The layout of your warehouse is vital to the success of your business. Unless space is being used to its full potential, the productivity, inventory control, shipping and safety of your warehouse could be in jeopardy. This article explores the elements which must be in place to ensure an efficient warehouse layout.
1. Designated Areas
Your warehouse needs to have a physical layout that promotes efficiency. One way to do this is to ensure there are specific areas in your warehouse for all those daily activities that occur within. Included in the list should be designated areas for returns, packing, shipping and inventory, to name but a few.
A designated area is only as good as its labelling, however. Clearly-marked areas that are easy for employees to read – both close up and at a distance – ensure that products are rapidly taken to the correct place in the first instance and can be found quickly and easily when required.
2. Short Aisles
Long tramming routes can mean a lot of difficulty for employees in terms of navigation. If getting from one area of your warehouse to another is taking a long time, or if the transportation of products is difficult for employees to manage, both are signs that shorter more direct are in order.
Also to shorten main and / or add cross aisles can result in a far shorter pick paths for employees and increase the speed of product retrieval. This will also help to make more efficient use of your existing warehouse space. You may feel you are sacrificing storage space by putting in new aisles, but this is far outweighed in terms of increased productivity and stock turnaround. Don’t forget to avoid dead ended routes / aisles.
3. Plenty of Light
Lighting is a vital element to efficient warehouse layout design, but its benefits are often overlooked. Not having enough light in your warehouse will increase the time it takes for your employees to find the products they need. Poor lighting can also interfere with the efficient organisation of your inventory – not to mention reducing team morale and motivation.
Lack of lighting also poses a serious threat to the safety of your employees.
4. No Clutter
Keeping items out of the way is a critical element of efficient warehouse layout design. Even if your warehouse is small, it still needs to be easy to navigate by employees, whether on machinery or foot. Much can be done to ensure that even the smallest spaces are being used to their full capacity. One way is to move products out of the way using vertical locations. Of course, any storage of pallets, boxes and products needs to be done in such a way as to ensure employee safety and good ergonomics.
5. Economic Storage
Although touted as storage solutions, generic racking and shelving bays provided by suppliers, can actually eat up precious warehouse space. Instead, storage should cater to the weight, shape, size and throughput profile of products being stored. For storage of consistent stock, wasted space can be minimised with purpose-built storage solutions. Variable stock will require more flexible storage.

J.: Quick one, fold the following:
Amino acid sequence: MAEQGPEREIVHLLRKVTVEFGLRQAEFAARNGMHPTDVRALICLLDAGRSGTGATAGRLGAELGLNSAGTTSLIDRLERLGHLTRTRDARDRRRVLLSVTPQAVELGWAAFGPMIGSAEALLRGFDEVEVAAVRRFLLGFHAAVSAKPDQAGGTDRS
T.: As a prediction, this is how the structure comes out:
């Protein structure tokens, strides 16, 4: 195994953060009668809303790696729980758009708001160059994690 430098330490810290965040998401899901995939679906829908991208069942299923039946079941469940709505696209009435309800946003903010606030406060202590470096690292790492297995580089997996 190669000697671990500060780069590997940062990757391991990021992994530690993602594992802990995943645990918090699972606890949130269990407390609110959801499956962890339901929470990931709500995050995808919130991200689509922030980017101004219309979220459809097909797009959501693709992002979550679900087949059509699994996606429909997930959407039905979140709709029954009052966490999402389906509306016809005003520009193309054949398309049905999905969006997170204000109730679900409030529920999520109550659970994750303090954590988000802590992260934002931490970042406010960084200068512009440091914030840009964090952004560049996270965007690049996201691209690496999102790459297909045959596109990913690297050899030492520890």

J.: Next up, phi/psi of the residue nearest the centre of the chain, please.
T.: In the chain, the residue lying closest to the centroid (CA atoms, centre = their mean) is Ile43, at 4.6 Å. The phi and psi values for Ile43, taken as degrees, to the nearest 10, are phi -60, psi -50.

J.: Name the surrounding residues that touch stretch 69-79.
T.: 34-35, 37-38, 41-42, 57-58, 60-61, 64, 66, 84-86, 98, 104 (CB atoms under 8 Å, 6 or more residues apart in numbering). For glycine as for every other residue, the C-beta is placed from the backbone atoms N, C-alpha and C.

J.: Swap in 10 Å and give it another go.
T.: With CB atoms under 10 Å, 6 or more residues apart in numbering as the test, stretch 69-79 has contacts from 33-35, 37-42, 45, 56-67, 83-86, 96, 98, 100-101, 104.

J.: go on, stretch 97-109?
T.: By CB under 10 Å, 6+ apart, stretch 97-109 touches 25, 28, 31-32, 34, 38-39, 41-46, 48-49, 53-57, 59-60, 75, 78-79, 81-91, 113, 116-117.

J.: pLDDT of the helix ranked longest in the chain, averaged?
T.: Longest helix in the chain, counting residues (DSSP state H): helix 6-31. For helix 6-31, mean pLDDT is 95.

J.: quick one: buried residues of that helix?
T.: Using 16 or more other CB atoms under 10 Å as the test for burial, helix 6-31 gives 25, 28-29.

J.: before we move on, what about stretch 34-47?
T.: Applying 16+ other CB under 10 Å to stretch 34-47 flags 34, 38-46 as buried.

6. Relocation of Areas
Taking a look at your current layout and identifying areas that can be moved for more space is a good start, as changing the size of dispatch, loading and picking areas can free up more room for racking to be installed.
7. Add a Floor
In warehouses where vertical storage isn’t a priority, the addition of a second floor can increase the efficiency of your warehouse layout design especially for picking. Mezzanine floors offer a way to maximise warehouse space without the high costs of complete renovation. These types of floors are ideal for small warehouses looking to expand their space due to increased product demand.
8. Think Adaptability
Ensuring that your warehouse layout can be adapted in response to an increasing customer base and product evolution, will help you avoid the costs and stress of frequent redesigns. Learn more about warehouse efficiency with this article - Improving Warehouse Efficiency With 6 Layout Tips.
9. Employee Comfort
A comfortable employee is a more efficient employee. Elements of layout design like breakout rooms, canteens, noise reduction systems, good ergonomics and temperature control, can make a world of difference and should always be considered; as they will make the working environment more pleasant.
10. Avoiding High Energy Costs
Ensuring that your layout is energy efficient can result in thousands of pounds of energy savings. Any building design should ensure that adequate insulation is in place. You can also save on lighting by creating skylights as opposed to installing new light fittings, and if light fittings are being changed / increased think LED.
Ensure Warehouse Layout Efficiency with this Productivity Guide
The layout of your warehouse affects the profitability of your business. By making cost-effective changes to your layout now, you can improve productivity, boost employee morale and meet future demand for your products. Our free “Warehouse Productivity Guide” is a practical eBook which will show you your options for efficient warehouse layout design. You can claim your copy now by clicking here.